Singapore, Singapore | Cruise port of call | CruiseBe
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Singapore, Singapore

Singapore (சிங்கப்பூர்) (新加坡) is a city-state in Southeast Asia. Founded as a British trading colony in 1819, since independence it has become one of the world's most prosperous countries and boasts the world's busiest port.
Combining the skyscrapers and subways of a modern, affluent city with a medley of Chinese, Malay and Indian influences and a tropical climate, with tasty food, good shopping and a vibrant night-life scene, this Garden City makes a great stopover or springboard into the region. 

Understand

Singapore is a microcosm of Asia, populated by Malays, Chinese, Indians, and a large group of workers and expatriates from all across the globe.
Singapore has a partly deserved reputation for sterile predictability that has earned it descriptions like William Gibson's "Disneyland with the death penalty" or the "world's only shopping mall with... Read more

Singapore, Singapore

Destination:
Singapore (சிங்கப்பூர்) (新加坡) is a city-state in Southeast Asia. Founded as a British trading colony in 1819, since independence it has become one of the world's most prosperous countries and boasts the world's busiest port.
Combining the skyscrapers and subways of a modern, affluent city with a medley of Chinese, Malay and Indian influences and a tropical climate, with tasty food, good shopping and a vibrant night-life scene, this Garden City makes a great stopover or springboard into the region. 

Understand

Singapore is a microcosm of Asia, populated by Malays, Chinese, Indians, and a large group of workers and expatriates from all across the globe.
Singapore has a partly deserved reputation for sterile predictability that has earned it descriptions like William Gibson's "Disneyland with the death penalty" or the "world's only shopping mall with a seat in the United Nations". Nevertheless, the Switzerland of Asia is for many a welcome respite from the poverty, dirt, chaos, and crime of much of the Southeast Asian mainland, and if you scratch below the squeaky clean surface and get away from the tourist trail you'll soon find more than meets the eye.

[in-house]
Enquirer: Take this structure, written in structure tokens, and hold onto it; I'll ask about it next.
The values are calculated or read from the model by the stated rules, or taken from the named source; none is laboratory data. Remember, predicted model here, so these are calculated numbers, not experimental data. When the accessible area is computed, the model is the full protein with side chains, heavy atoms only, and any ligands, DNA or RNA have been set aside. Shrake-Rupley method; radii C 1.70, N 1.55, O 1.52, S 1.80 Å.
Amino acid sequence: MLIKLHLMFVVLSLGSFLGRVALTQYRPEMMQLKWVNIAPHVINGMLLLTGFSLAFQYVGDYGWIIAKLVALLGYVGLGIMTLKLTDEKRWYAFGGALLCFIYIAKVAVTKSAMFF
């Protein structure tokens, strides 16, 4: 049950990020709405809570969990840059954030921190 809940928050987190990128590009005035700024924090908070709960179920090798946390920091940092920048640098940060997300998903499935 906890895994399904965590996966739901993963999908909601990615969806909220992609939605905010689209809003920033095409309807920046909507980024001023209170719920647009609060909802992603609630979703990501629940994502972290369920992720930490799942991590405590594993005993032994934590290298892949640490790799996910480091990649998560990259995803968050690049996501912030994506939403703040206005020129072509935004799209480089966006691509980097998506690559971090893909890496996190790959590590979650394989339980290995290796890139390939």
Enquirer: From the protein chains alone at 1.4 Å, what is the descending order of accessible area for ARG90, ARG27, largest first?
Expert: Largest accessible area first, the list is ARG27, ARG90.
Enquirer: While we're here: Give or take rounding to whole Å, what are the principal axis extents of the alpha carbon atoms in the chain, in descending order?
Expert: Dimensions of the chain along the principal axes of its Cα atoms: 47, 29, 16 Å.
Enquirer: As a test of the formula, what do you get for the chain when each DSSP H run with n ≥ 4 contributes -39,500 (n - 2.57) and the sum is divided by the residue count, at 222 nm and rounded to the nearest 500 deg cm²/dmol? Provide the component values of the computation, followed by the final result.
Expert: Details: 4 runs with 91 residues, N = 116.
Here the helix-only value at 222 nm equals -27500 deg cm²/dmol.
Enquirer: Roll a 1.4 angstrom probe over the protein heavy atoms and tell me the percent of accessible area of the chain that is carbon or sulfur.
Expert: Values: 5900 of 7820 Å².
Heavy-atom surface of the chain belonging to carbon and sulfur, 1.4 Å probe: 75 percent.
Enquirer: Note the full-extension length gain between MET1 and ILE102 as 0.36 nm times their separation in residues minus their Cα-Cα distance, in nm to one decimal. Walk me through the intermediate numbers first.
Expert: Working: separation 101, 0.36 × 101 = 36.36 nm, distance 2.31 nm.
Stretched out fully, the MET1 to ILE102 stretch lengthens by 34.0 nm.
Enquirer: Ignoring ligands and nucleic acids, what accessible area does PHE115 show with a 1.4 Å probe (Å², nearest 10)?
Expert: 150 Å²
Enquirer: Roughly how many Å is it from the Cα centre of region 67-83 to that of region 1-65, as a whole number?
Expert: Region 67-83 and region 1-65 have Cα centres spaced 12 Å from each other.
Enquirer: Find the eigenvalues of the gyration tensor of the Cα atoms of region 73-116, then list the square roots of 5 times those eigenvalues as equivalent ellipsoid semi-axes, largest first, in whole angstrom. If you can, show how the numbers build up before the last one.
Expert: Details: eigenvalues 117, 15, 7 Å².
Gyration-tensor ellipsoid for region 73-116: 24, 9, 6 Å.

Singaporean food is legendary, with bustling hawker centres and 24-hour coffee shops offering cheap food from all parts of Asia, and shoppers can bust their baggage allowances in shopping centres like Orchard Road and Suntec City. In recent years some societal restrictions have also loosened up, and now you can bungee jump and dance on bar tops all night long, although alcohol is still very pricey and chewing gum can only be bought from a pharmacy for medical use.
Two casino complexes — or "Integrated Resorts", to use the Singaporean euphemism — opened in 2010 in Sentosa and Marina Bay as part of Singapore's new Fun and Entertainment drive, the aim being to double the number of tourists visiting and increase the length of time they stay within the country. Watch out for more loosening up in the future. 

Climate
Between May and October, forest fires in neighbouring Sumatra cause dense haze that regularly reaches unhealthy levels - although it is unpredictable and may come and go rapidly. Check the National Environment Agency's site for current data. In general, Singapore is best avoided from June to October if you have chronic heart or lung conditions or you simply don't want to suffer unhealthy pollution.

As Singapore is located a mere 1.5 degrees north of the Equator, its weather is usually sunny with no distinct seasons. Rain falls almost daily throughout the year, usually in sudden, heavy showers that rarely last longer than an hour. However, most rainfall occurs during the north east monsoon (November to January), occasionally featuring lengthy spells of continuous rain. Spectacular thunderstorms can occur throughout the year, any time during the day, so it's wise to carry an umbrella at all times, both as a shade from the sun or cover from the rain.

The temperature averages around:
  • 29.5°C (85.1°F) daytime, 22.5°C (72.5°F) at night in December and January. An occasional low of 21°C (69.8°F) can also be expected.
  • 32°C (89.6°F) daytime, 24°C (82.4°F) at night for the rest of the year. The temperature usually hovers around the 28°C (82.4°F) mark.
The temperatures are relatively high in the day, as expected in a tropical country, but windy conditions are expected at night. Bear in mind that spending more than about one hour outdoors can be very exhausting, especially if combined with moderate exercise. Singaporeans themselves shun the heat, and for a good reason. Many live in air-conditioned flats, work in air-conditioned offices, take the air-conditioned metro to air-conditioned shopping malls connected to each other by underground tunnels where they shop, eat, and exercise in air-conditioned fitness clubs.

Contact
Internet cafes charging around $2/hr are scattered about the island, but are not particularly common since almost all locals have Internet access at home, work, and/or school. Head to Chinatown or Little India if you need get online, or check out the top floors of many suburban malls, which feature Internet cafes doubling as online gaming parlors. Alternatively, all public libraries offer cheap Internet access, but you need to jump through registration hoops to get access.